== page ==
NERC warned power supplies in the Western US could be strained this summer as a historic drought reduces hydroelectric power generation due to falling reservoir levels and what’s expected to be an unseasonably hot summer. Compound the hellacious weather backdrop with grids decommissioning fossil fuel power plants to fight climate change and their inability to bring on new green power generation, such as solar, wind, and batteries, in time, is a perfect storm waiting to happen that will produce electricity deficits that may force power companies into rolling blackouts for stability purposes.
The regulatory body pointed out that supply-chain woes are delaying major Southwest solar projects, while some coal plants have trouble procuring supplies because of increased exports. They said there’s also an increasing threat of cyberattacks from Russia.
By region, the Midwest power grid will be extremely tight. Across the Western US, power generation capacity has declined 2.3% since last summer, even as demand is expected to increase. Grids in the region may have to source power from neighboring grids as extreme heat will cause people to crank up their air conditioners. A situation of low wind speeds could trigger blackouts, according to NERC. They outlined how the Midwest could face power shortfalls due to the removal of power capacity from retiring fossil fuel power plants.
NERC issued a similar warning last year, stating power grids that serve 40% of the US population were at risk of blackouts. One year later, there was only one notable blackout last June during a heatwave in the Pacific Northwest that left 9,000 customers without power. But with reduced electricity generation capacity outpacing new green power sources, the risks of blackouts are increasing this year.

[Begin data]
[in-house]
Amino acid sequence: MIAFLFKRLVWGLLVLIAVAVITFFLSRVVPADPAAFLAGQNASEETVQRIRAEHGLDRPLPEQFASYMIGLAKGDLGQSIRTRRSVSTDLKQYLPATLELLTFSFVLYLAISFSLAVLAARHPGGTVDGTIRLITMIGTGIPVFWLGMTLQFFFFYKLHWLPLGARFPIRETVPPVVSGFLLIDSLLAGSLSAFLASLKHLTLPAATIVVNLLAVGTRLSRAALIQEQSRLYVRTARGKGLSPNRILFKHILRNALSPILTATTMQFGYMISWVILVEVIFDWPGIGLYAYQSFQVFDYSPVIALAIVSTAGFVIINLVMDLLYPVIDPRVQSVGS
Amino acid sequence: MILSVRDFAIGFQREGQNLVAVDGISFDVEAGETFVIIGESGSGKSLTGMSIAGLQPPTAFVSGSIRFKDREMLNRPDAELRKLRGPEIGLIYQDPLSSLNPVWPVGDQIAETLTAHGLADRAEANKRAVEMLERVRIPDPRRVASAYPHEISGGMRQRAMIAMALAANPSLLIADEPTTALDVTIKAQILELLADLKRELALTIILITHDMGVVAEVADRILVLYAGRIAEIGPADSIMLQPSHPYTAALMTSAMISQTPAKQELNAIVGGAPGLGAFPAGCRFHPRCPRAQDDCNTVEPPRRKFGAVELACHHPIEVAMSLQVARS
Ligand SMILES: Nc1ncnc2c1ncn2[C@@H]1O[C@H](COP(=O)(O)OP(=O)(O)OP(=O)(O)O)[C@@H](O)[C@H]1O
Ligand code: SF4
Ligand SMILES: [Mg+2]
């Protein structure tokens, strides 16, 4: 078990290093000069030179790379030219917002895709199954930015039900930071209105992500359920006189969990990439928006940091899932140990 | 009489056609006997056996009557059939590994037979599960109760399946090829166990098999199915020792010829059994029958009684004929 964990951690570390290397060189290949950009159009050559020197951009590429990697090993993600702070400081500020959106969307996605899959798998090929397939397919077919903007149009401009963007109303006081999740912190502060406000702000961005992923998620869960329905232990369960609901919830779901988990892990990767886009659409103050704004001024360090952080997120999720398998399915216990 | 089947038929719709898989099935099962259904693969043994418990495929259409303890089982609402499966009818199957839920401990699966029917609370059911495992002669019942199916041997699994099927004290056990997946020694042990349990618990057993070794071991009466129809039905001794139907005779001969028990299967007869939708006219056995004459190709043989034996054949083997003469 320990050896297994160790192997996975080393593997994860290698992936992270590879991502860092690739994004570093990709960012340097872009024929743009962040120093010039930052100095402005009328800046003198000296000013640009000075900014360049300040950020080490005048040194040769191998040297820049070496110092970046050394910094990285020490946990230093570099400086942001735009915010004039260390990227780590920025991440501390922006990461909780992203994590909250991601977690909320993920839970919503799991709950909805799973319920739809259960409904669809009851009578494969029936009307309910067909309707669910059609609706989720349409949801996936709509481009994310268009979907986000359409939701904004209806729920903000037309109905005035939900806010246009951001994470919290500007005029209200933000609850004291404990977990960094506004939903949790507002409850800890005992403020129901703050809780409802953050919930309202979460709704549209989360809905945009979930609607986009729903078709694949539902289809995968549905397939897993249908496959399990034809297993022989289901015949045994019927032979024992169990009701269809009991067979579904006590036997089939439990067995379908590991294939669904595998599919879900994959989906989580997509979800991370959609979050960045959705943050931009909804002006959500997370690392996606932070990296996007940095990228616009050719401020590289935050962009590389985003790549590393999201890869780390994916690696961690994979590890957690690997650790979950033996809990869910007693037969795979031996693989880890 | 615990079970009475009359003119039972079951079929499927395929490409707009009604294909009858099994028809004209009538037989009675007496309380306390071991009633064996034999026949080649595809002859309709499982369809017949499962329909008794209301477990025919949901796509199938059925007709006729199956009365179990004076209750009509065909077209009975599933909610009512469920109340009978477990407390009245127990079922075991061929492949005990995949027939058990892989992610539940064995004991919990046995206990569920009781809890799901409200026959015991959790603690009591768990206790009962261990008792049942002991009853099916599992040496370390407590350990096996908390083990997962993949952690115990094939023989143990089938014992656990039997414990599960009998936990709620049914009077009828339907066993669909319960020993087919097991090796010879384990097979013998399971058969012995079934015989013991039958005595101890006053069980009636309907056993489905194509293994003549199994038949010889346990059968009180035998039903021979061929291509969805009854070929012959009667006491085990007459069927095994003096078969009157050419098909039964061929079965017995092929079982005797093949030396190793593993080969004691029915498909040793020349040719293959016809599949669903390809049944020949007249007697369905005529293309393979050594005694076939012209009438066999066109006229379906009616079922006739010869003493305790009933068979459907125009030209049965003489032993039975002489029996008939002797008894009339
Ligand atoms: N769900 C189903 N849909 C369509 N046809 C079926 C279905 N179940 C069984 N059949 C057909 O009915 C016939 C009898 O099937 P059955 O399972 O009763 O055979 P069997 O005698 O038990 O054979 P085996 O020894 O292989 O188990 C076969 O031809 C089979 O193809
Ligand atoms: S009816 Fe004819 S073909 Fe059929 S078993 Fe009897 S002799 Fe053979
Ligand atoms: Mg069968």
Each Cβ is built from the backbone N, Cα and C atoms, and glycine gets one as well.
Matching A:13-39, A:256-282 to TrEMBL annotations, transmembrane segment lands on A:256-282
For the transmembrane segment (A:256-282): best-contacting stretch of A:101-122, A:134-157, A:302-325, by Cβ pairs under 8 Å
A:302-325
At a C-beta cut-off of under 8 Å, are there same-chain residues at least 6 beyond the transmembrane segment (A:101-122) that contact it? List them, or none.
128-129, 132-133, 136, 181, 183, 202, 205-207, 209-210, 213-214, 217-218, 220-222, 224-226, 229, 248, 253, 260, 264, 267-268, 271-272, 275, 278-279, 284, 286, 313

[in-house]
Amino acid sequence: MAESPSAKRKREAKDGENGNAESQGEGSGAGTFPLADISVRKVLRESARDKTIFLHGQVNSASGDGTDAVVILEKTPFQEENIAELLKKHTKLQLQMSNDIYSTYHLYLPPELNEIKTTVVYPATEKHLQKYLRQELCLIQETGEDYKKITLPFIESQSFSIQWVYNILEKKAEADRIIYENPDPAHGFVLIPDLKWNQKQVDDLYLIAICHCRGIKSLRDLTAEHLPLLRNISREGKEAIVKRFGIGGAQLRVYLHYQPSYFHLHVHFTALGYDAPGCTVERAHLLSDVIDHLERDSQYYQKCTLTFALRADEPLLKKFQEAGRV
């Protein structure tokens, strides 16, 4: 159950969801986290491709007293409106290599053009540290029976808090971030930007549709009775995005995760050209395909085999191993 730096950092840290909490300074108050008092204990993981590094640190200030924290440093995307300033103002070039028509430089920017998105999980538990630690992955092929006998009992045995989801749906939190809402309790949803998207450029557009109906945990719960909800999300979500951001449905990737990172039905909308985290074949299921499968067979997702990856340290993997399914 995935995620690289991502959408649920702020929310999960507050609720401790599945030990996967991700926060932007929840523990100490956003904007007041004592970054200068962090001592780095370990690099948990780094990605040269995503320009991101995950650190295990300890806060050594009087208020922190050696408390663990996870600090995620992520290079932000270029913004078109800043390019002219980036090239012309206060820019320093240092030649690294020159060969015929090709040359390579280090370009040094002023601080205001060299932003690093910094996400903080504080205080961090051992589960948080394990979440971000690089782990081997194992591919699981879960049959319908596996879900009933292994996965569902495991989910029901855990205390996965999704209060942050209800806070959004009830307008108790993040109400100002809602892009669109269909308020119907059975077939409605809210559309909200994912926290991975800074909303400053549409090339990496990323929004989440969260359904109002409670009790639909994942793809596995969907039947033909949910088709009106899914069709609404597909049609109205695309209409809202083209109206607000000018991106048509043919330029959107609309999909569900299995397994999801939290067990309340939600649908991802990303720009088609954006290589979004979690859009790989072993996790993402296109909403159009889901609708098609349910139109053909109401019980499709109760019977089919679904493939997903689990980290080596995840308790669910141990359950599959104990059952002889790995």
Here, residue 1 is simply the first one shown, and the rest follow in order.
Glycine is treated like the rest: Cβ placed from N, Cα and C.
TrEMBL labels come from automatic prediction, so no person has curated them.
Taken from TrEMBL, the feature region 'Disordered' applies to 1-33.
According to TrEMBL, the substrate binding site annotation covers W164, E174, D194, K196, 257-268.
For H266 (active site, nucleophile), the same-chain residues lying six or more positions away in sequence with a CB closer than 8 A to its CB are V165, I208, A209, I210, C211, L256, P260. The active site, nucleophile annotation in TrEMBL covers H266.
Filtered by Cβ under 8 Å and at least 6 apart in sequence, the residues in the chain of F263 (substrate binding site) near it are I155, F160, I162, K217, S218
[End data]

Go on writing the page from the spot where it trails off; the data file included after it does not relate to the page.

In Texas, the Electric Reliability Council of Texas (ERCOT)has already warned multiple times of grid stress as early summer-like heatwaves sent temperatures in certain parts of the state into triple-digit territory.
California’s grid operators have also warned of rising blackout threats –for the next three summers — as the state transitions to greener forms of energy. The drought and shrinking reservoir levels have reduced hydroelectric power generation on top of decommissioned fossil fuel power plants. “We know that reliability is going to be difficult in this time of transition,” said Alice Reynolds, president of the California Public Utilities Commission, during a May 6 press conference.
NERC’s report is an eye-opener for those living in the Western US. Many households face out-of-control inflation, soaring fuel prices, and food shortages ahead of what could be a summer of unrest as the Biden administration is bracing for a wave of violence upon the Supreme Court’s overturn of Roe V. Wade.
America is slipping into the abyss as households get a taste of what it’s like to live in Venezuela. It’s not that far off from what people are experiencing today: soaring inflation, shortages, a ruling regime which so many claim was not elected by the majority and soon, rolling blackouts.
Thu, 05/19/2022 – 20:20
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Author: Tyler Durden